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Who’s in hell?

One of my coworkers told me today that on his way back from lunch, he heard a preacher say on the radio that Pope John Paul II was in hell right then.

I know for a fact that Pope John Paul II wasn’t in hell right then. He was in a bed in the Vatican, still alive. Some faux pas, huh?

Even still, no Christian has any business saying something like that. Never. Even after the person’s death actually is confirmed.Saying someone’s in hell when he or she has been confirmed to still be alive just makes you look like an idiot. No great harm done, I guess. But who’s in hell and who isn’t actually isn’t my decision, nor is it yours, nor is that radio preacher’s.

I grew up hearing poorly educated church workers tell my Dad that he was going to hell. They told others the same thing too, I’m sure. Dad wasn’t going to hell for the normal reasons people tell others that they’re going to hell–he wasn’t sleeping around, or cheating on his taxes, or stealing, or voting for the wrong political candidate. No, Dad was going to hell because he believed the wrong thing.

I’ll be the first to admit that Dad had an unusual combination of beliefs. But Dad had an unusual combination of degrees and life experiences too. But among those beliefs was the single sentence that will keep you out of hell: Jesus died to pay the price of my sins.

Believe that, and God doesn’t care if you believe the sky is orange and dogs say moo.

Don’t get me wrong. The Pope’s beliefs and mine differ in some very important ways. The Pope was wrong about a lot of things. That radio preacher’s beliefs and mine differ in some very important ways. He’s wrong about a lot of things too.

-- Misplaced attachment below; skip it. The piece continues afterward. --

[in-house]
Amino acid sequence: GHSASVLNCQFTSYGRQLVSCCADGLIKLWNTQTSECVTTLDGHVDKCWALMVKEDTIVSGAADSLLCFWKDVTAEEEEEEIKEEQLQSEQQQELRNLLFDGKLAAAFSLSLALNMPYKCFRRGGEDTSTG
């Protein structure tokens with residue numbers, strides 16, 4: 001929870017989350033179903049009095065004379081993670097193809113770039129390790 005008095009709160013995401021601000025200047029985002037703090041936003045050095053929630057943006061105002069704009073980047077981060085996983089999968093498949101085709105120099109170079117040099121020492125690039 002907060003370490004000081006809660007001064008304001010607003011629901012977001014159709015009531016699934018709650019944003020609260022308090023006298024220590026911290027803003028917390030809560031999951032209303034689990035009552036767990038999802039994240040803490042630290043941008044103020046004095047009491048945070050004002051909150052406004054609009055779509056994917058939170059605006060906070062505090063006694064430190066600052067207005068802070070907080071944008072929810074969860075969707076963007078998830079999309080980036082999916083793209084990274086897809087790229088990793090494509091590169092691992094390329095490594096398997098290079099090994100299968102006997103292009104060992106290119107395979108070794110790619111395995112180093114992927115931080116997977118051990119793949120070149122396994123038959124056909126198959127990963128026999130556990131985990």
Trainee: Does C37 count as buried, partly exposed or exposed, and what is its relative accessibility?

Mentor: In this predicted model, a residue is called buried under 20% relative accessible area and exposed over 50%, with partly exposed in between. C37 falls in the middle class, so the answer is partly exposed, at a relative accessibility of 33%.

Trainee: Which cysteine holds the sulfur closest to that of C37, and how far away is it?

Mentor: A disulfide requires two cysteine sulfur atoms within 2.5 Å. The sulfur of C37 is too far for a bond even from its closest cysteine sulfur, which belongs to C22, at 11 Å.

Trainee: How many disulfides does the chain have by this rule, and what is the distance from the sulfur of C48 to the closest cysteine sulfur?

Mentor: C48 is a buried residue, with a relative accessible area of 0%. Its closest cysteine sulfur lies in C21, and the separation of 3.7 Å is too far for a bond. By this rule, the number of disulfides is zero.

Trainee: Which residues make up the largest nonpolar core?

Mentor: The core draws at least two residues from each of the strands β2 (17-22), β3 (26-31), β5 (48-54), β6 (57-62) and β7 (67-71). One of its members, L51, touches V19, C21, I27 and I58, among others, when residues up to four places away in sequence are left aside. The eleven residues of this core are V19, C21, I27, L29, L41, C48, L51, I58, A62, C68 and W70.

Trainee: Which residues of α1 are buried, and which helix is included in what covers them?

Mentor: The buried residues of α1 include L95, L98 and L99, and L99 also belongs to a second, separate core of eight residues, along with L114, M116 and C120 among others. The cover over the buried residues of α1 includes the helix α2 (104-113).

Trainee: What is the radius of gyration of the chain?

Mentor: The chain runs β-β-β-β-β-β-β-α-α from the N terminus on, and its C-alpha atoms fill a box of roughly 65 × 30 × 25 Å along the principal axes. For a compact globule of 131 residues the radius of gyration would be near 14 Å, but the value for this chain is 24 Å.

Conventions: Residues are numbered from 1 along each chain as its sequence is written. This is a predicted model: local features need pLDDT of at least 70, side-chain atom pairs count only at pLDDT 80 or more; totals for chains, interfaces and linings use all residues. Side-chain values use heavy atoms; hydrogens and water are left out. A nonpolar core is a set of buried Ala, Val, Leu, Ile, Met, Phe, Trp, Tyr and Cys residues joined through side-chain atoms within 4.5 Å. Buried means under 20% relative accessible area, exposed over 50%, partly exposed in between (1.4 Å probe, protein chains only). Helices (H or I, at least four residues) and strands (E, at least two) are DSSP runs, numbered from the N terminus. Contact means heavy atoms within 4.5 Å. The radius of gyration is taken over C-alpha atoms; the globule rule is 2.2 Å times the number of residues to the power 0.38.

And I know God and I will someday have a very long conversation about where what I believed was wrong. I hope that conversation will be shorter than God’s conversation than that radio preacher, and His conversation with the Pope. But I’m not willing to bet the change in my pocket that it will be. Am I both smarter and less stubborn than either of them? Only God truly knows the answer to that question.

Is Pope John Paul II in hell? I can only answer that with another question. Did Pope John Paul II know why it was necessary for Jesus to come to earth and die? If he did, then he’s in heaven. End of argument. And only God truly knows the answer to that question.

So who’s in hell? To answer that question is to pass judgment. Is Adolf Hitler in hell? I can’t answer that. I wasn’t there during his final moments. Did he repent and accept Jesus before he pulled that trigger? Highly unlikely, yes. Impossible? No.

Is Judas Iscariot in hell? I think most people probably believe he is. But they probably believe it for the wrong reason. Judas’ mortal sin was not his direct role in Jesus’ death. Judas’ mortal sin wasn’t suicide, either. Nor was it his love of money. No, Judas is a good candidate for hell because he believed the wrong thing about Jesus. Judas seemed to expect a political savior, not a spiritual one. And Judas died before Jesus was fully revealed as that spiritual savior.